Stamp sand issue must be resolved

To the editor:

I am responding to your July 2 article: “Couple raises concerns over stamp sand dredging”. I attended the June 24 Hearing and took notes, and would like to add a few observations of my own. About 75 people attended the hearing, not 54.

There was not even standing room at the hearing! It started with presentations, for which questions were allowed. It ended with five-minute statements from eleven individuals, with no time allotted for questions.

I take exception to three comments made in your article by Tom Logue, president and founder of Torch Lake Industries. First, he said: “There’s no bad things that are happening”. He did not mention that the epicenter of the dredging operations would sit for at least five years in Coal Dock Pond, which incidentally is the only place that harbors life along the entire stamp sand deposit! Barges would dock in the pond at a specially constructed barge mooring facility, trucks would bring sand along specially constructed roads to a storage/de-watering facility (basically a huge pile on the existing sands), long mechanical conveyors would load the sand onto barges, and the sand would be carried away. In the process a long-time bald eagle’s nest would disappear and the central recreation site for six families would be unusable for at least five years.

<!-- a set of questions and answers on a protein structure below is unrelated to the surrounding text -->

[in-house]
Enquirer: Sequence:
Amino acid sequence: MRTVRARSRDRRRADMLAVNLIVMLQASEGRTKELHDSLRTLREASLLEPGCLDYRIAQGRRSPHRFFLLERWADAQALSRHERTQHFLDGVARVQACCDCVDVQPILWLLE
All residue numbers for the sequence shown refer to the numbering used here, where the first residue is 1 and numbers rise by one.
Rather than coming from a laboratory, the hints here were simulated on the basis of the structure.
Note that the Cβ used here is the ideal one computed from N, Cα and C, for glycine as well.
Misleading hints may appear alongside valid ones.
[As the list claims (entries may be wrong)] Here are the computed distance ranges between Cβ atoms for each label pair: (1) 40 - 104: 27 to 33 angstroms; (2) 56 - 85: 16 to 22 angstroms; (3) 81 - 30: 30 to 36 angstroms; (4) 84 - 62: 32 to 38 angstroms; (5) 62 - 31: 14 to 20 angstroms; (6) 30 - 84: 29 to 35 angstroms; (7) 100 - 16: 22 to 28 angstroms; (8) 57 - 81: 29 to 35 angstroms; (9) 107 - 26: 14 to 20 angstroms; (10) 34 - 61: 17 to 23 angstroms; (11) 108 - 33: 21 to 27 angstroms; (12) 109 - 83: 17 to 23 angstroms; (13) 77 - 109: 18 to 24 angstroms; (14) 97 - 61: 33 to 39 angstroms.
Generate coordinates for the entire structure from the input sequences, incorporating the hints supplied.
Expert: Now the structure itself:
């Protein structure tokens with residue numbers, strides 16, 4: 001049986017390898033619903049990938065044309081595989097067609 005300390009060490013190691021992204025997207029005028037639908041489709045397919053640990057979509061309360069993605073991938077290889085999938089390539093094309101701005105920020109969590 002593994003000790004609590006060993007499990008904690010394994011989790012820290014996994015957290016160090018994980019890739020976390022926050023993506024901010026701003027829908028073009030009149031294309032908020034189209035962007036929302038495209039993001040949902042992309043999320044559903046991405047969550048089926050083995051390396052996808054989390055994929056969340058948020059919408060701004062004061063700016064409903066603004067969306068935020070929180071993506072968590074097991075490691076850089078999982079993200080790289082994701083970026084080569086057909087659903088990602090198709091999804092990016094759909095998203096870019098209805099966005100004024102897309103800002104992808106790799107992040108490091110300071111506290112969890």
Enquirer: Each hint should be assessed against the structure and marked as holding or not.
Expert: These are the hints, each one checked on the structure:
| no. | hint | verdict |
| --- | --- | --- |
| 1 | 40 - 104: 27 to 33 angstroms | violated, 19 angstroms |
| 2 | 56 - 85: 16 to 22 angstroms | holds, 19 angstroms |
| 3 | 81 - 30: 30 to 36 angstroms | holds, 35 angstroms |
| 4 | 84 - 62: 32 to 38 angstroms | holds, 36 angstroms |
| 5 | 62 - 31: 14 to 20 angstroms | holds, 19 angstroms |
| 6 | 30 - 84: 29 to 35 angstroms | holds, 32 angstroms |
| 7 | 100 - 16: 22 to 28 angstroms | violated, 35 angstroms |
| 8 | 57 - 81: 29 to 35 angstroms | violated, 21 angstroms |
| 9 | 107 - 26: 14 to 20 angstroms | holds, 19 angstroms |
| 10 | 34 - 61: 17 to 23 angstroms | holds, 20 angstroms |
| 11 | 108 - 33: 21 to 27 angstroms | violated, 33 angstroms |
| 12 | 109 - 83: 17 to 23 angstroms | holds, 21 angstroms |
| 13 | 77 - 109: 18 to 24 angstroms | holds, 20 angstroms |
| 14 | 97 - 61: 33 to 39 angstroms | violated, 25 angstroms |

Second, he said: “We want to clean this mess”. But he proposes to remove only 2.1 million cubic yards of sand – out of the 37 million cubic yards that exist! It seems that only the most commercially viable sand would be removed.

The rest stirred up by the dredging operations would still be free to migrate.

Third, Mr. Logue said: “I want to create as many direct and indirect jobs as I can.” But he made no mention during his presentation of any intention to build a 40,000-square-foot manufacturing facility.

I think this was an afterthought! The proposal itself simply stated that the sand would be hauled away by barges.

The stamp sand issue must be resolved somehow. The plan proposed at the hearing was significantly flawed, but could be adapted. For example, the epicenter could be moved to the uninhabitable region north of the Coal Dock. I hope someday to see a joint effort, involving the Corps of Engineers, the Department of Environmental Quality, various commercial entities, and local residents – all working together to eliminate the stamp sand problem.

Harold Evensen